[mDP – November 2019]
2003 Giorgio Buccellati and Marilyn Kelly-Buccellati
“Tell Mozan (Ancient Urkesh),”
in J. Aruz (ed.), Art of the First Cities. The Third Millennium B.C. from the Mediterranean to the Indus, New York and New Haven: Metropolitan Museum of Art and Yale University Press, pp. 224-227.
The object presented in this contribution is for sure one of the best pieces known from Urkesh, the two copper alloy, lion-shaped foundation pegs kept at the MET (48.180) and at the Louvre (AO 19937+19938), the latter also carrying a limestone tablet with a Hurrian cuneiform inscription of king (endan) Tish-atal of Urkesh [see on Urkesh website: Royal inscriptions, r2]. Despite they were both purchased on the antiquity market, their provenance from Tell Mozan is supported by the inscription directly quoting Urkesh, which has been definitely identified with Tell Mozan, a topic well exposed by Buccellati and Kelly-Buccellati in the pages following the description of the lions [pp. 224-227, “Tell Mozan (Ancient Urkesh)”]. This identification is particularly strengthened by the finding at Tell Mozan of many sealings quoting the name of the ancient city of Urkesh: two of them (belonging to queen Uqnitum and to Tar’am-Agade) are presented in this catalogue on pp. 226-227. – [For Uqnitum's sealings, see Seal legends: Uqnitum; for that of Tar’am-Agade, see Seal legends: Tar’am-Agade].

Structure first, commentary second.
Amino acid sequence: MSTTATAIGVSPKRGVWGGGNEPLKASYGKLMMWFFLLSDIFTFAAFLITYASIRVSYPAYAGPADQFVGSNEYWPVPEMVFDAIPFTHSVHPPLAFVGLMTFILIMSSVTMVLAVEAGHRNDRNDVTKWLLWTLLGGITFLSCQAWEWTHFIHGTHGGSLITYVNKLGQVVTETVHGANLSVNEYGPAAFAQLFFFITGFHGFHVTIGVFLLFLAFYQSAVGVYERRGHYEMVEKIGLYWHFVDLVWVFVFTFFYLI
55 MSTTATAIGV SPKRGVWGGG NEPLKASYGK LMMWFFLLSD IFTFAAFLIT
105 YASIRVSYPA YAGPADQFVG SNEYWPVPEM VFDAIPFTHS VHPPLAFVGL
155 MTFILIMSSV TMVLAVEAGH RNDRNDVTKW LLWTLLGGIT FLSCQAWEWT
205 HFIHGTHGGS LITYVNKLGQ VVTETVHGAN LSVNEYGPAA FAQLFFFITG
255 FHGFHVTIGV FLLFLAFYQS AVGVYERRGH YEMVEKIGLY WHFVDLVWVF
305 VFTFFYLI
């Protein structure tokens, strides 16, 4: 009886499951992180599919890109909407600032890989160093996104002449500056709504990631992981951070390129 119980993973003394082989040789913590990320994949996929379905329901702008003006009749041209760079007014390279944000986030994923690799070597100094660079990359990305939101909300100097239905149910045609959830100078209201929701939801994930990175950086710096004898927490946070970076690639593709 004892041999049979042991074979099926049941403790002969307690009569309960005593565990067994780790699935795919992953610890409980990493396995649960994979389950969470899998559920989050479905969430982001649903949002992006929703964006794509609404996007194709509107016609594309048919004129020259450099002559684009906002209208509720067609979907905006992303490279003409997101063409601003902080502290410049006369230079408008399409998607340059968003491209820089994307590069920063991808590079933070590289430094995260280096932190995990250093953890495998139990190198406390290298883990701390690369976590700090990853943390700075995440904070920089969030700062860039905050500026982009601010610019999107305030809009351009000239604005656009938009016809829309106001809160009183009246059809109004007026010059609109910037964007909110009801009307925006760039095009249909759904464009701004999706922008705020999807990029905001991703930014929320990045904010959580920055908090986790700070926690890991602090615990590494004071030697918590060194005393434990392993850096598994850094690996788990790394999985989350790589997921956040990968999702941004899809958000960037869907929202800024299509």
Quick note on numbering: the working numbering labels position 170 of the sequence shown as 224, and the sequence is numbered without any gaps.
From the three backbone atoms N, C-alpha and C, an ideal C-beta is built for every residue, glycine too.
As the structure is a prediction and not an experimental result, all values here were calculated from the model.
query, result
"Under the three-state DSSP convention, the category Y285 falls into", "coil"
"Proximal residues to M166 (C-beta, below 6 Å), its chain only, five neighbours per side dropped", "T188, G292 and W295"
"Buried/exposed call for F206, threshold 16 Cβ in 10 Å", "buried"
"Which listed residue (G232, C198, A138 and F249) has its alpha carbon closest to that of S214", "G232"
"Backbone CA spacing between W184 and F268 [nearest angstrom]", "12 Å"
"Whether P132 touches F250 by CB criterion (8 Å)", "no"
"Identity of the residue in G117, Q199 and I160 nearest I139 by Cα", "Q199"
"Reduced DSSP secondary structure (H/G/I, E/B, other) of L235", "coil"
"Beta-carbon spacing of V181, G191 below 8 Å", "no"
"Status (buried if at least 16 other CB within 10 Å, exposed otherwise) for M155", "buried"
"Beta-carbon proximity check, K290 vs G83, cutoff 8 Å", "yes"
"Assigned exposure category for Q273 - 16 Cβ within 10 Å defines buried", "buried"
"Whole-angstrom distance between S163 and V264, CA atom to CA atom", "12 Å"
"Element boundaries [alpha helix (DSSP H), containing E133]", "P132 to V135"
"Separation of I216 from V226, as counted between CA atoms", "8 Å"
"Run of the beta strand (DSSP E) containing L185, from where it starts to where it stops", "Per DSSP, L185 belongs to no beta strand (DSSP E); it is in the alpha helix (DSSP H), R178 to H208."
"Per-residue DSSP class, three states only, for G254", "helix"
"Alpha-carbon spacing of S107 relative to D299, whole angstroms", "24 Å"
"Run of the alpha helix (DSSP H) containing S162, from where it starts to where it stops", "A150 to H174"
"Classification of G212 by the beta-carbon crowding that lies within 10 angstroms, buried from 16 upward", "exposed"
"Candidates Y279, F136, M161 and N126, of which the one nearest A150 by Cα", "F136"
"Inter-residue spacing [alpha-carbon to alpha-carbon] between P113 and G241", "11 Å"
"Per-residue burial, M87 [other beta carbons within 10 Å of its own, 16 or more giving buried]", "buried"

[mDP – November 2019]
2019 Giorgio Buccellati, Marilyn Kelly-Buccellati and Federico Buccellati
The Pride of Heritage. Archaeology for social developmentat Tell Mozan, ancient Urkesh, in Syria
Click here for the full text.

     An in-house report, it highlights thirteen major activities undertaken by the project durign the war years.
     «Archaeology remains at the core of what we do. Our special effort is to show the wider claim the past can have on us and on the communities that host this past, enshrined in their territory. So we do not report here about Urkesh B.C. It is the new face of Urkesh A.D. we are highlighting: all the pictures you see here are from these eight years of war (all but a few clearly indicated). They document our continued presence at the site, even as we could not be present there physically.»
     «Here you will find an overview of what went into making this possible. We re-main, we want to stress it, archaeologists but we found that research is not an abstraction. It can enkindle profound human responses, serving a need that goes beyond the acquisition of knowledge.»